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Women's issues drive 'Bernarda Alba'

November 5, 2012

Pat Sandoval directs The House of Bernarda Alba. The HCC Players in The House of Bernarda Alba.

Federico Garcia Lorca's The House of Bernarda Alba is set in a small Spanish village in the 1930s, just before the start of the Spanish Civil War, but, according to director Patricia Sandoval, the play transcends both time and place in its exploration of women's issues.

"This play is about women's desires and women's roles in society and how women then and sometimes now are bound by the expectations of society, family and religion," says Sandoval. "The play is about how we are all bound by what is expected of us."

The HCC Players will perform The House of Bernarda Alba Thursday through Saturday, Nov. 15-17, at 8 p.m. in the Leslie Phillips Theater in HCC's Fine and Performing Arts Building. There will also be a matinee performance at 2:30 p.m. on Saturday, Nov. 17.

The play will feature live music by classical guitarist Phillip de Fremery, a music instructor at HCC and Mount Holyoke College, who will perform from a platform in the audience.

Following the funeral of her second husband, Bernarda Alba announces to her five daughters that their period of mourning will last eight years. However, they all have a secret passion for Pepe el Romano, the handsomest man in the village.  Their jealousy, passion, fear and anger collide with Bernarda's obsession to protect family honor.

"This is a very complicated and beautiful piece of work," says Sandoval. "The actors can't hold back. It has to be a full emotional commitment to capture the anguish, despair and loss. It's one of the most important plays of the20th century. I love the atmosphere of the time and place, the music, the language, the religion, the relationships they have. There's conflict - of course, there would be conflict; they all love the same man. It all makes for wonderful drama."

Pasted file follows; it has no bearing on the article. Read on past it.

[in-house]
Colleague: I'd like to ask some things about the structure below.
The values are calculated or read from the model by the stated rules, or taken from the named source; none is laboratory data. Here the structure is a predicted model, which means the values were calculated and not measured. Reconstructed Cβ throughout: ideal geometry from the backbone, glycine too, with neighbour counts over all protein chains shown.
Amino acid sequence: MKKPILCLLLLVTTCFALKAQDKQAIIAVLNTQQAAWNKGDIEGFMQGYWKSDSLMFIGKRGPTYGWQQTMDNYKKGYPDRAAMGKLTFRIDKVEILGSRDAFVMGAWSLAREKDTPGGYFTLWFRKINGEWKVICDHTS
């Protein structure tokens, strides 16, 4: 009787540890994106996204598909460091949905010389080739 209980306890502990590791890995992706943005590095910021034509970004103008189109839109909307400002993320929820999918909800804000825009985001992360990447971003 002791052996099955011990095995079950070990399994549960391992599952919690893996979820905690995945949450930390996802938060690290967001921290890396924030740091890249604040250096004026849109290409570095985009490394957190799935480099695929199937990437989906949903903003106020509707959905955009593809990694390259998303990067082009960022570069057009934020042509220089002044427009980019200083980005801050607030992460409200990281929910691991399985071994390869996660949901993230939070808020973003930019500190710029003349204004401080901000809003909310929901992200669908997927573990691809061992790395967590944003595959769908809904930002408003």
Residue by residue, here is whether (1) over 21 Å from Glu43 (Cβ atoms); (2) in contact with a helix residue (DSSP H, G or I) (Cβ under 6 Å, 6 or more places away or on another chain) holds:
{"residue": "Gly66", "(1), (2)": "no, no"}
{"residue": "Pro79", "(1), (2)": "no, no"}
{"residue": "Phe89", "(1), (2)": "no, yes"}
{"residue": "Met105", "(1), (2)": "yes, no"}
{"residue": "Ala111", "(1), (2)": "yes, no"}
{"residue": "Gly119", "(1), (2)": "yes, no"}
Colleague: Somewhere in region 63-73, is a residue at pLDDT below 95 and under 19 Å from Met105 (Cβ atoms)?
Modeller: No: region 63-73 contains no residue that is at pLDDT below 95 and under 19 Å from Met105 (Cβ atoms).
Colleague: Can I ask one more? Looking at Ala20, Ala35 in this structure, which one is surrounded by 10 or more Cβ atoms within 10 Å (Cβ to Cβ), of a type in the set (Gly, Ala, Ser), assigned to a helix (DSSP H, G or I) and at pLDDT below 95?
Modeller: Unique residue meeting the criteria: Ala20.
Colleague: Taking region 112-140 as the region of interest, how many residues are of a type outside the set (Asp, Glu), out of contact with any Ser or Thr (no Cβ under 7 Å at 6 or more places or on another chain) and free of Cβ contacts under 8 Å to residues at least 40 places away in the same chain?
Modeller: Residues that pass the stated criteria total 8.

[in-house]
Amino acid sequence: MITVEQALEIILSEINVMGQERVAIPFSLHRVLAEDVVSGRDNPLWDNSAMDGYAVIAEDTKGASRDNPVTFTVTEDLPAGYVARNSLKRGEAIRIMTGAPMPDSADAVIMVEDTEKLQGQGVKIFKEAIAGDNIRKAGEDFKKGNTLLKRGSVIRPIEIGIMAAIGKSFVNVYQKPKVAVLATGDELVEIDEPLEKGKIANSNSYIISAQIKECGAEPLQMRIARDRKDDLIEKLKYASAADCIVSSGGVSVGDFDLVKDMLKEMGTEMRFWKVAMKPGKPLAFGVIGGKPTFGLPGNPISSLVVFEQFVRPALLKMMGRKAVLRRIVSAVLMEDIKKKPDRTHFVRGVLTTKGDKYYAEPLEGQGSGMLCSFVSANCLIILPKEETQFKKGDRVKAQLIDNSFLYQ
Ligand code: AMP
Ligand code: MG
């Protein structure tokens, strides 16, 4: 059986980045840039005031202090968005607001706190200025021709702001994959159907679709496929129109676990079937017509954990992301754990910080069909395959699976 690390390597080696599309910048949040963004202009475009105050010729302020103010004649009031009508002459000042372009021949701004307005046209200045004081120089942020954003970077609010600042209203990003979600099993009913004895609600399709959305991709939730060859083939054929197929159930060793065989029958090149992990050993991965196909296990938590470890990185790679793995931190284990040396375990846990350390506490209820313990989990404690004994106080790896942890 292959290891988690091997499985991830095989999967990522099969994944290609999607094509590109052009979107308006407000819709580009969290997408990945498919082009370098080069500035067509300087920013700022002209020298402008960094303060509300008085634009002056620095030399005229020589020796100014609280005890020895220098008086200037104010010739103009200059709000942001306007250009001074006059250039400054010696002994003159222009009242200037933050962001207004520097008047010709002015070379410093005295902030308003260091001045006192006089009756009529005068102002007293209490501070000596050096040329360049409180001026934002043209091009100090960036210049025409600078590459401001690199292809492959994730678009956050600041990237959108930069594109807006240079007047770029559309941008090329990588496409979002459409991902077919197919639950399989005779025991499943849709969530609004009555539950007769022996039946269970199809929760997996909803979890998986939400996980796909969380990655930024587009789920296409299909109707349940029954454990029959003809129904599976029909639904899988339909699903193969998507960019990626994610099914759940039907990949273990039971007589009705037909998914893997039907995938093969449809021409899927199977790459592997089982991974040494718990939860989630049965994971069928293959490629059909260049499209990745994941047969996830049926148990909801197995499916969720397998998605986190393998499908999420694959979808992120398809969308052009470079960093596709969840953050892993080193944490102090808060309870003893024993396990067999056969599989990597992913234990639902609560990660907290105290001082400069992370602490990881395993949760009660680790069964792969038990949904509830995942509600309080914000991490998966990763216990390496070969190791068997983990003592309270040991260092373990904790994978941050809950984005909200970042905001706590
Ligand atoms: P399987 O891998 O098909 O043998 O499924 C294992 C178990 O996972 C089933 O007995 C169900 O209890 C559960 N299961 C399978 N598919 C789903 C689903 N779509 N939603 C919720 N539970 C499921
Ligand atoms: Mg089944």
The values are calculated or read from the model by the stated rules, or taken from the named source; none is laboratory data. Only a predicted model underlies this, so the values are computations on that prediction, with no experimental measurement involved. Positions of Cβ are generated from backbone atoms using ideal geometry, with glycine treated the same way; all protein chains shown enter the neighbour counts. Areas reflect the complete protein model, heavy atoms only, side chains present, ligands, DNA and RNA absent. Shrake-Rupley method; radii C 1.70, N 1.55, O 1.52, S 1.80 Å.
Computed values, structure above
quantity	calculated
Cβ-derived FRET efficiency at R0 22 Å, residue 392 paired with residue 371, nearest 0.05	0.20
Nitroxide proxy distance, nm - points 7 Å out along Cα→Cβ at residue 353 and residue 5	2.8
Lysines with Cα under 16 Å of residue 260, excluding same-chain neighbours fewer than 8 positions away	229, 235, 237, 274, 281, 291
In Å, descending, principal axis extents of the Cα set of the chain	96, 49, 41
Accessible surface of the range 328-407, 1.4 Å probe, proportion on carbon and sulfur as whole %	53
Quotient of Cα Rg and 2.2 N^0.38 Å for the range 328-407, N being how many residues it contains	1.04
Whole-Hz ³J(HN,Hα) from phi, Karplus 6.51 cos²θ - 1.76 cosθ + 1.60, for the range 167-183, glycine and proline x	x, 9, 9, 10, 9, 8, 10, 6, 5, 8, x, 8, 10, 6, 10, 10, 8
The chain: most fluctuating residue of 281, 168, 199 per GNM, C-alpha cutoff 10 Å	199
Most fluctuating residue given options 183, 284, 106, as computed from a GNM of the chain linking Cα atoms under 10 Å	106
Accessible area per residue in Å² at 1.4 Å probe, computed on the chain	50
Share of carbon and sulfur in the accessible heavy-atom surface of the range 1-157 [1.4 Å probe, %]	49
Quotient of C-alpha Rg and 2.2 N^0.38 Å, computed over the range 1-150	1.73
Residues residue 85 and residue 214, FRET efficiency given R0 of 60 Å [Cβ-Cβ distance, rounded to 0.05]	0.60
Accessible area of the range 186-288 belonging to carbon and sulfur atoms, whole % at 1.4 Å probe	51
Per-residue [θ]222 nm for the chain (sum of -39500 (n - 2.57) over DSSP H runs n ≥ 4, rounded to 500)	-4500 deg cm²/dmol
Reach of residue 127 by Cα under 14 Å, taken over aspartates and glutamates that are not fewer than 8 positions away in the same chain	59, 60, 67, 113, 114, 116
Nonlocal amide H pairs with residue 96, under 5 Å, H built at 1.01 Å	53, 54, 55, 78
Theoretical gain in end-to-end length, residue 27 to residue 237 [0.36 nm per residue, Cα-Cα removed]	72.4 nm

As a gay man living in Spain in the 1930s, Lorca faced oppression not unlike that experienced by the characters in the play.

"I think Lorca really understands these women," says Sandoval. "He felt just as trapped as they felt. He understood their struggle."

In the end, the prolific poet and playwright paid the ultimate price. He was murdered by Fascist forces in 1936 at the age of 38. 

There are no male characters in the play. The main love interest, Pepe el Romano, never appears on stage. "But everything that happens to the women in the play is because of the men in their lives and because of patriarchy," says Sandoval.  "Everyone talks about Pepe el Romano. Lorca wrote it so we can all imagine what a leading man would be in our own minds."

Even so, there will be a man on stage. The title character of Bernarda Alba is being played by one, HCC student and Westfield resident Adrean Mejias, although the casting of a male actor in the  role of the play's tyrannical matriarch was not Sandoval's original intention.

"Adrean simply had the best audition," she says. "It seemed to fit, because the play is about gender roles and gender identity."

Tickets for The House of Bernarda Alba are $10 (general admission), $8 (students and seniors) and $5 (HCC students, faculty, staff) and are available at the door or in advance by calling (413) 552-2485. The box office opens an hour before each performance. Area high schools are invited to bring their students to a free dress rehearsal, Wednesday, Nov. 14, at 11 a.m. and also take part in a panel discussion and tour of the HCC set design shop.

Photos: (Left) Patricia Sandoval instructs actors during a rehearsal of The House of Bernarda Alba. (Right) Dorothy Pam, of Amherst; Krissa Fondakowski, of Easthampton; Erika Leigh, of Longmeadow; Rebecca Berliner, of Hampden; Adrean Mejias, of Westfield; and Molly O'Brien, of Springfield.

 
 

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